"Case in point" is a specific example used in discourse to illustrate a point or serve as an affirmation or a demonstration of a point. It is used in a variety of modes of discourse, from oratory and rhetoric to scientific studies and magazine articles. The term is used in speech and writing as a linking phrase between the idea and the example itself.
The phrase is an idiom related to "in point of fact." An idiom is a non-literal phrase of clause that derives a meaning from two or more normal words. "Case in point" contains and older idiom "in point" that is considered a fossil idiom. This is similar to a fossil word, as it only appears within another idiom. Other examples of fossil words include "ulterior" in "ulterior motives" and "kith" in "kith and kin."
“In point” comes from the Anglo-Norman idiom en point, which means "on the point," or more literally, "relevant." It probably comes from putting the point of a dagger, knife, or sword exactly where it needs to be. In 1659, Thomas Burton used the term in a description of Lord Fairfax’s political machinations.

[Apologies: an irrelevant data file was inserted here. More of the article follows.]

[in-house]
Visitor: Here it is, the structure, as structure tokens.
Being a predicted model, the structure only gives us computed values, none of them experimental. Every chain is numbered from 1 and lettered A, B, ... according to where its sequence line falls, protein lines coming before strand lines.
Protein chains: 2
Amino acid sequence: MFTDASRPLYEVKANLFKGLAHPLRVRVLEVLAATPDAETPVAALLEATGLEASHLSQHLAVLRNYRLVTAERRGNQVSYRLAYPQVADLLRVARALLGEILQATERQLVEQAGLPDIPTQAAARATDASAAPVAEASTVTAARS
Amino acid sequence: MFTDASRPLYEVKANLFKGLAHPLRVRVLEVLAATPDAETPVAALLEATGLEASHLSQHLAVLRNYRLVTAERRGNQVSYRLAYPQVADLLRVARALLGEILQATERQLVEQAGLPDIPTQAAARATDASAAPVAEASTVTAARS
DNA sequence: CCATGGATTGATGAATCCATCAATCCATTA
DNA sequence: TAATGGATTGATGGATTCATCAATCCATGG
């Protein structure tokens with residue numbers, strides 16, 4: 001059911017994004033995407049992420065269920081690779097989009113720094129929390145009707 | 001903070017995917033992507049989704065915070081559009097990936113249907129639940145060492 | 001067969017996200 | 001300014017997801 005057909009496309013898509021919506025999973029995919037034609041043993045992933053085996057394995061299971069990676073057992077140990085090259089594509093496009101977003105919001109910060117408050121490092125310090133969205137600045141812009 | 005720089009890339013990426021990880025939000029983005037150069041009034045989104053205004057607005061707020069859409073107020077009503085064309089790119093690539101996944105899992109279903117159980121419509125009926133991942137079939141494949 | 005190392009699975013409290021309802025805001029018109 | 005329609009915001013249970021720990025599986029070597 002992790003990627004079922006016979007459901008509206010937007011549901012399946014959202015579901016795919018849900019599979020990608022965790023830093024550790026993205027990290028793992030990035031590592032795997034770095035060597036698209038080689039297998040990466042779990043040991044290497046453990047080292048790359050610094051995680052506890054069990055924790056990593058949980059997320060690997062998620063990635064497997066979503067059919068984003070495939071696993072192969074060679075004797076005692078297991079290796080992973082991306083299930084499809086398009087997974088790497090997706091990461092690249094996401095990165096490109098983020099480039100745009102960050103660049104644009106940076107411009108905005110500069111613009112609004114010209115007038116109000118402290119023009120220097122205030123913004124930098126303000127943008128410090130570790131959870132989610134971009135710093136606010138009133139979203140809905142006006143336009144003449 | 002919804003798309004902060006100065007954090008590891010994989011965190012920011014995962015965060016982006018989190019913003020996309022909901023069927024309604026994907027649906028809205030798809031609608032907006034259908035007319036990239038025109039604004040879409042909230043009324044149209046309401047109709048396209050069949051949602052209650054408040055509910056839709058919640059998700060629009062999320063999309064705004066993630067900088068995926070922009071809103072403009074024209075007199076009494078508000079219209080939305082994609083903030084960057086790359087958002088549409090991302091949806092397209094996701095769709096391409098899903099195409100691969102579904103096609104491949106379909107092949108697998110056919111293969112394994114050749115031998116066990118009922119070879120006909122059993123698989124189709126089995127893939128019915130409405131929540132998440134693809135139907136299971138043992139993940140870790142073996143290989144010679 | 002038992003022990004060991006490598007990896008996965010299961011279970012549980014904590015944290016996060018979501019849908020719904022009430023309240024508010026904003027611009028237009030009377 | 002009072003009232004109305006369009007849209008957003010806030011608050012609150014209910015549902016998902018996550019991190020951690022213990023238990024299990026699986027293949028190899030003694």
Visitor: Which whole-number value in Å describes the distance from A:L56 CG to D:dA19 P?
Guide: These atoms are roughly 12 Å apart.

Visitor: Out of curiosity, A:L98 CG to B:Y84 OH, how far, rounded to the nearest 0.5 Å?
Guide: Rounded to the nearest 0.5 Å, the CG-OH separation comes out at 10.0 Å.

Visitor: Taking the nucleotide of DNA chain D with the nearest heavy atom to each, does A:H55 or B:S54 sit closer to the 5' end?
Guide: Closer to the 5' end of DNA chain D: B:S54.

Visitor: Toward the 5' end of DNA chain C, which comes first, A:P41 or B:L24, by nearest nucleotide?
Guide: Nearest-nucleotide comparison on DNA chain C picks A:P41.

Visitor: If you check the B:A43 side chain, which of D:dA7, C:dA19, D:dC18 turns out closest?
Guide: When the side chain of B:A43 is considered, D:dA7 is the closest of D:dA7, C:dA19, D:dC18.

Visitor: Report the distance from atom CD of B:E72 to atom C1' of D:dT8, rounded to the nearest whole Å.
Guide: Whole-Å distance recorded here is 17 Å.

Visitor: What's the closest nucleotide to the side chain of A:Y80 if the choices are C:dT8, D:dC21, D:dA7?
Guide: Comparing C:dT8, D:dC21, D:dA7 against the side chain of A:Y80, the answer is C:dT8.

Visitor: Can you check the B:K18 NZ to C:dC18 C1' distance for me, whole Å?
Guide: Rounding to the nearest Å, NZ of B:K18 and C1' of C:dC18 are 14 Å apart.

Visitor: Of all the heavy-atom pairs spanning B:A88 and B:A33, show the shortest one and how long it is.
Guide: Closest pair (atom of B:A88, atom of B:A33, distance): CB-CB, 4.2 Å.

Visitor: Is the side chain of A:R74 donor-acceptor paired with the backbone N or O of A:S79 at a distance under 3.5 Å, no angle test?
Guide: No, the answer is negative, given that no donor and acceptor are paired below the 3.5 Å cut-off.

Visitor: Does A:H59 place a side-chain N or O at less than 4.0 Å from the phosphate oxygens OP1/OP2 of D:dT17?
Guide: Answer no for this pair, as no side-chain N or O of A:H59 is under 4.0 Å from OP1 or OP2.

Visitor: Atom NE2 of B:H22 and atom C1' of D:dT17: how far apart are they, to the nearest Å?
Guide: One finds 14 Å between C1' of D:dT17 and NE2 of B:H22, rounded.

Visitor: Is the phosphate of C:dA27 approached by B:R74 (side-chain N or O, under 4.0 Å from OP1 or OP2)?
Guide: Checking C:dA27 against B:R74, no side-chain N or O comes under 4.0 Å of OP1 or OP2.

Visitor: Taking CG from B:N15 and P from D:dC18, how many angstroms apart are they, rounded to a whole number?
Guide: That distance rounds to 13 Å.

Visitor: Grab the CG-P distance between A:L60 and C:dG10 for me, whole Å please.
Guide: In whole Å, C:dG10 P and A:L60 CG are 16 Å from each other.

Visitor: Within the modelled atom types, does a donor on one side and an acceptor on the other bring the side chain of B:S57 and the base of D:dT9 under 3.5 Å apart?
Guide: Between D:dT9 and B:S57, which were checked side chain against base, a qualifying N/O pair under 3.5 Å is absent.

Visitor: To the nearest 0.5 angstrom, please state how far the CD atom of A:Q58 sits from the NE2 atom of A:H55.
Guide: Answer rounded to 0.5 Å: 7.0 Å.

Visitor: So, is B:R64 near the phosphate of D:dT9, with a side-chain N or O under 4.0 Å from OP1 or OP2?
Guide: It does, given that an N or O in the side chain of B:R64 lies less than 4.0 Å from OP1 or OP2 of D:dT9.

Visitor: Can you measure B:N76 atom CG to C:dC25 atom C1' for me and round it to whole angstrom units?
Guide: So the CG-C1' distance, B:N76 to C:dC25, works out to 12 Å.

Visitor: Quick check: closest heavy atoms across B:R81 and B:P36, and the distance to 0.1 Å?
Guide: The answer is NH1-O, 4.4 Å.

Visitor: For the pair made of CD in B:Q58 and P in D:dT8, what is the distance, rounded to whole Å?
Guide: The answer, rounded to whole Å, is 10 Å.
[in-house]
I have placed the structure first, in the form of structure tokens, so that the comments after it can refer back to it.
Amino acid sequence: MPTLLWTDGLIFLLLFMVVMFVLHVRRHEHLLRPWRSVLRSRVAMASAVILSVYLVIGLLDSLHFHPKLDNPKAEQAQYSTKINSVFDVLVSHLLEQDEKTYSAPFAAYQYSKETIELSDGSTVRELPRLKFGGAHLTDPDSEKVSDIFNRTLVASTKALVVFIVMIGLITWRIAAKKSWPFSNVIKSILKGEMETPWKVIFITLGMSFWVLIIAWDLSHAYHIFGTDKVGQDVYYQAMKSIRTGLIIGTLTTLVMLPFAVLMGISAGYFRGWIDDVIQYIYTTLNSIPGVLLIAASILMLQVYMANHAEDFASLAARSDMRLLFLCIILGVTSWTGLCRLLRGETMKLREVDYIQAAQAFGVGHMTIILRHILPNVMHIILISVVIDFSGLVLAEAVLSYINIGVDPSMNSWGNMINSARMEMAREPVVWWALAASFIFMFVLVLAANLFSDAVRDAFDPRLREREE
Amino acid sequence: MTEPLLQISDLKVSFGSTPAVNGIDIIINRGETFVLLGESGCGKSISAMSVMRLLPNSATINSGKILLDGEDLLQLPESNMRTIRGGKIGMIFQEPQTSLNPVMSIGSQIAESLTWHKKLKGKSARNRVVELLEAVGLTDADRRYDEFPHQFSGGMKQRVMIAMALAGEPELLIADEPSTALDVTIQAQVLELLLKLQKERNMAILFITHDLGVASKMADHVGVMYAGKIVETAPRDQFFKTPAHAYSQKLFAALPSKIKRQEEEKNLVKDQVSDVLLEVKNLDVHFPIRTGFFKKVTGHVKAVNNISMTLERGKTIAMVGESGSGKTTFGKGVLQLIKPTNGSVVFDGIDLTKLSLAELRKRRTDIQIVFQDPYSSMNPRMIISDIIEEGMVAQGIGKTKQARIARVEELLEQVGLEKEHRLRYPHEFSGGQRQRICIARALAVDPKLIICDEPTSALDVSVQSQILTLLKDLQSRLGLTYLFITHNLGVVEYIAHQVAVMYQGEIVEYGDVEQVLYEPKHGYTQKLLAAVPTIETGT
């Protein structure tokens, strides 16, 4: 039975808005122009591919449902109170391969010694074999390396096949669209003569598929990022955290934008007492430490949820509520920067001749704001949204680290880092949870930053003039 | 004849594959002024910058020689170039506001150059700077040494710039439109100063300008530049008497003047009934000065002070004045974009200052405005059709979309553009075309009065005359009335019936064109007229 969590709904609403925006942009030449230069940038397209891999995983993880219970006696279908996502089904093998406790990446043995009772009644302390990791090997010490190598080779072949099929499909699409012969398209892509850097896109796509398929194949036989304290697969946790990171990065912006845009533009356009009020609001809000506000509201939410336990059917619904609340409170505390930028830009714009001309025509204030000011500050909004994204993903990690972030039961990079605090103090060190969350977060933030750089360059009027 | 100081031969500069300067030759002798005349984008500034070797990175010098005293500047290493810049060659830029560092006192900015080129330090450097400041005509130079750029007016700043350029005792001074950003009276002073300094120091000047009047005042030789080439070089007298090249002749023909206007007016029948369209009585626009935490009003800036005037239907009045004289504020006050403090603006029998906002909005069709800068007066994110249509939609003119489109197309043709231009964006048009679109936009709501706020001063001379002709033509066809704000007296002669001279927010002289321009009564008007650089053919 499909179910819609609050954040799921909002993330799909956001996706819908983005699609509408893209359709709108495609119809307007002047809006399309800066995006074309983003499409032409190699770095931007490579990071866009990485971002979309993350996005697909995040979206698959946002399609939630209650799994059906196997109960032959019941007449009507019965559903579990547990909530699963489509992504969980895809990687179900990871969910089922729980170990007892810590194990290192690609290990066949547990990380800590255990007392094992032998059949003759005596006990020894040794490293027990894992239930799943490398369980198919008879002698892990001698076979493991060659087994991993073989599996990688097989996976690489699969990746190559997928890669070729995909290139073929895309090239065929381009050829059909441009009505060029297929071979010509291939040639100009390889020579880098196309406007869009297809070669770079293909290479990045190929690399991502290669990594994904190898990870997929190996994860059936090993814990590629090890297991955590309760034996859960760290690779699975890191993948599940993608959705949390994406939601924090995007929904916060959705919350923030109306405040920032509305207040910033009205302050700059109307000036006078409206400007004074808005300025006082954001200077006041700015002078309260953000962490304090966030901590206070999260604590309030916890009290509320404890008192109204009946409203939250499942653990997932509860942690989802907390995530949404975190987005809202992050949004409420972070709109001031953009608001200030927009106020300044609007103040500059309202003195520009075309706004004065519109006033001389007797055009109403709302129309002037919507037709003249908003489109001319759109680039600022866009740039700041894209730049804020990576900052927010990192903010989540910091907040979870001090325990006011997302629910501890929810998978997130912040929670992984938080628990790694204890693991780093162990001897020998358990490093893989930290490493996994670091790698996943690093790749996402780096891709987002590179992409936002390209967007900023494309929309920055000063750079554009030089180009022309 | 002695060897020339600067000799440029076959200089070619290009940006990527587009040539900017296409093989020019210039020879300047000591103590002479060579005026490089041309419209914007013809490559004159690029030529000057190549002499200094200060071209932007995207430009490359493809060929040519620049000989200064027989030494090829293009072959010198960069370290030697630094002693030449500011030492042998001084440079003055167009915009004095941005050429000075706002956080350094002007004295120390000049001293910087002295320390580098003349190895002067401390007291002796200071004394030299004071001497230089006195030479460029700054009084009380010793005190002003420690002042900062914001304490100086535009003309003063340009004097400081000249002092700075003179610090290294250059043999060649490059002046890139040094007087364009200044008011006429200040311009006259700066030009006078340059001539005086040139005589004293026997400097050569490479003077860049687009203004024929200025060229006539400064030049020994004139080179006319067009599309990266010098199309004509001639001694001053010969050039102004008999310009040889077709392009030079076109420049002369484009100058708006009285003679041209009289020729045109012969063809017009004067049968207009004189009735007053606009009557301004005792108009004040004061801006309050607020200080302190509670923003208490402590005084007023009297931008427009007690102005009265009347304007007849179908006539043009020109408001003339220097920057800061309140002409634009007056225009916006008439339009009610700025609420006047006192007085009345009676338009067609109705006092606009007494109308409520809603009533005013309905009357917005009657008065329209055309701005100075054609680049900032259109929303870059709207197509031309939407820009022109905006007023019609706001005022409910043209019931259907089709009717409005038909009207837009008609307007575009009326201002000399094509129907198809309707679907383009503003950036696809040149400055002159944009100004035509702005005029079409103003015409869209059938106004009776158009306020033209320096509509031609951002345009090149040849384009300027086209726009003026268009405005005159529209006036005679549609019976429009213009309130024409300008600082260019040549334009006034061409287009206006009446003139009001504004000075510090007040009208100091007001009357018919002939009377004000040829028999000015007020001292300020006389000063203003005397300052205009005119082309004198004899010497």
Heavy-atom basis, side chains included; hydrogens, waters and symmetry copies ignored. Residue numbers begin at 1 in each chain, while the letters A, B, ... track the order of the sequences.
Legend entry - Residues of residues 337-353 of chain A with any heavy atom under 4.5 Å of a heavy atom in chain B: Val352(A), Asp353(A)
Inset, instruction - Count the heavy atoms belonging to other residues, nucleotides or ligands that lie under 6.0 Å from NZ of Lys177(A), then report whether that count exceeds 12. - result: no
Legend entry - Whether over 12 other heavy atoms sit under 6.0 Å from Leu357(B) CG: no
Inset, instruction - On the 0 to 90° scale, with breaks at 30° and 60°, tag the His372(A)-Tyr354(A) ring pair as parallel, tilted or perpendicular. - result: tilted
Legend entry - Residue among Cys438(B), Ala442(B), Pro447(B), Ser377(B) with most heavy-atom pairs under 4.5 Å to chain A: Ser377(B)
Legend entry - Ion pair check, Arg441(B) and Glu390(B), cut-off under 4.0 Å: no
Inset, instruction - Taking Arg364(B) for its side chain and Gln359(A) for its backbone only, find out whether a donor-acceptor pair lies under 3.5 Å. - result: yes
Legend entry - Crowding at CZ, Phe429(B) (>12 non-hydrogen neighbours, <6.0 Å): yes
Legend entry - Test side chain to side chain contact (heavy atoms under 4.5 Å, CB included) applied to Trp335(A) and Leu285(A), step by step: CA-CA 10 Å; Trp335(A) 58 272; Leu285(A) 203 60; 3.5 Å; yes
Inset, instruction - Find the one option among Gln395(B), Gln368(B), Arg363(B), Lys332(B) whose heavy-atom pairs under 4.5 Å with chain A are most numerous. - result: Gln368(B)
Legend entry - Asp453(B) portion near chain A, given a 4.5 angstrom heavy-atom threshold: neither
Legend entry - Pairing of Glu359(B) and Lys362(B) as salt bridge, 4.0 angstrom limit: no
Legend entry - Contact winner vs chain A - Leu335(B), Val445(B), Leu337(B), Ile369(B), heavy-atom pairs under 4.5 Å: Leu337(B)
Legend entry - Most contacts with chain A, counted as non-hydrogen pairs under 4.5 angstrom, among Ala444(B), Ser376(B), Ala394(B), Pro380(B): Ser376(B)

Case comes from the Latin word casus, meaning a "chance event." It is used commonly by police to refer to an event they are investigating and is combined with history to mean medical records. "Case in point" probably came from a misunderstanding of Anglo-Norman. The original could have been "case en point" or "en point case," where a person was referring to a relevant example. It is likely that "en" was mispronounced as "in" and the idiom changed before being combined with "case."
Discourse usually places this phrase in the middle. The discourse will open with an introduction of the topic, and then it fleshes out the topic with a full description. The example is introduced to illustrate the topic, whether relevant to the problem or solution. Discourses tend to round off with analysis and a conclusion.
This example can be introduced in a number of ways. The simplest is the one-line introduction: "A is more effective than B; the C study is a case in point." Alternatively, the phrase will be introduced briefly, then expanded upon. In such a case, the "C study" will then provide testimony, details, and statistics to back up the point the orator or writer is trying to make.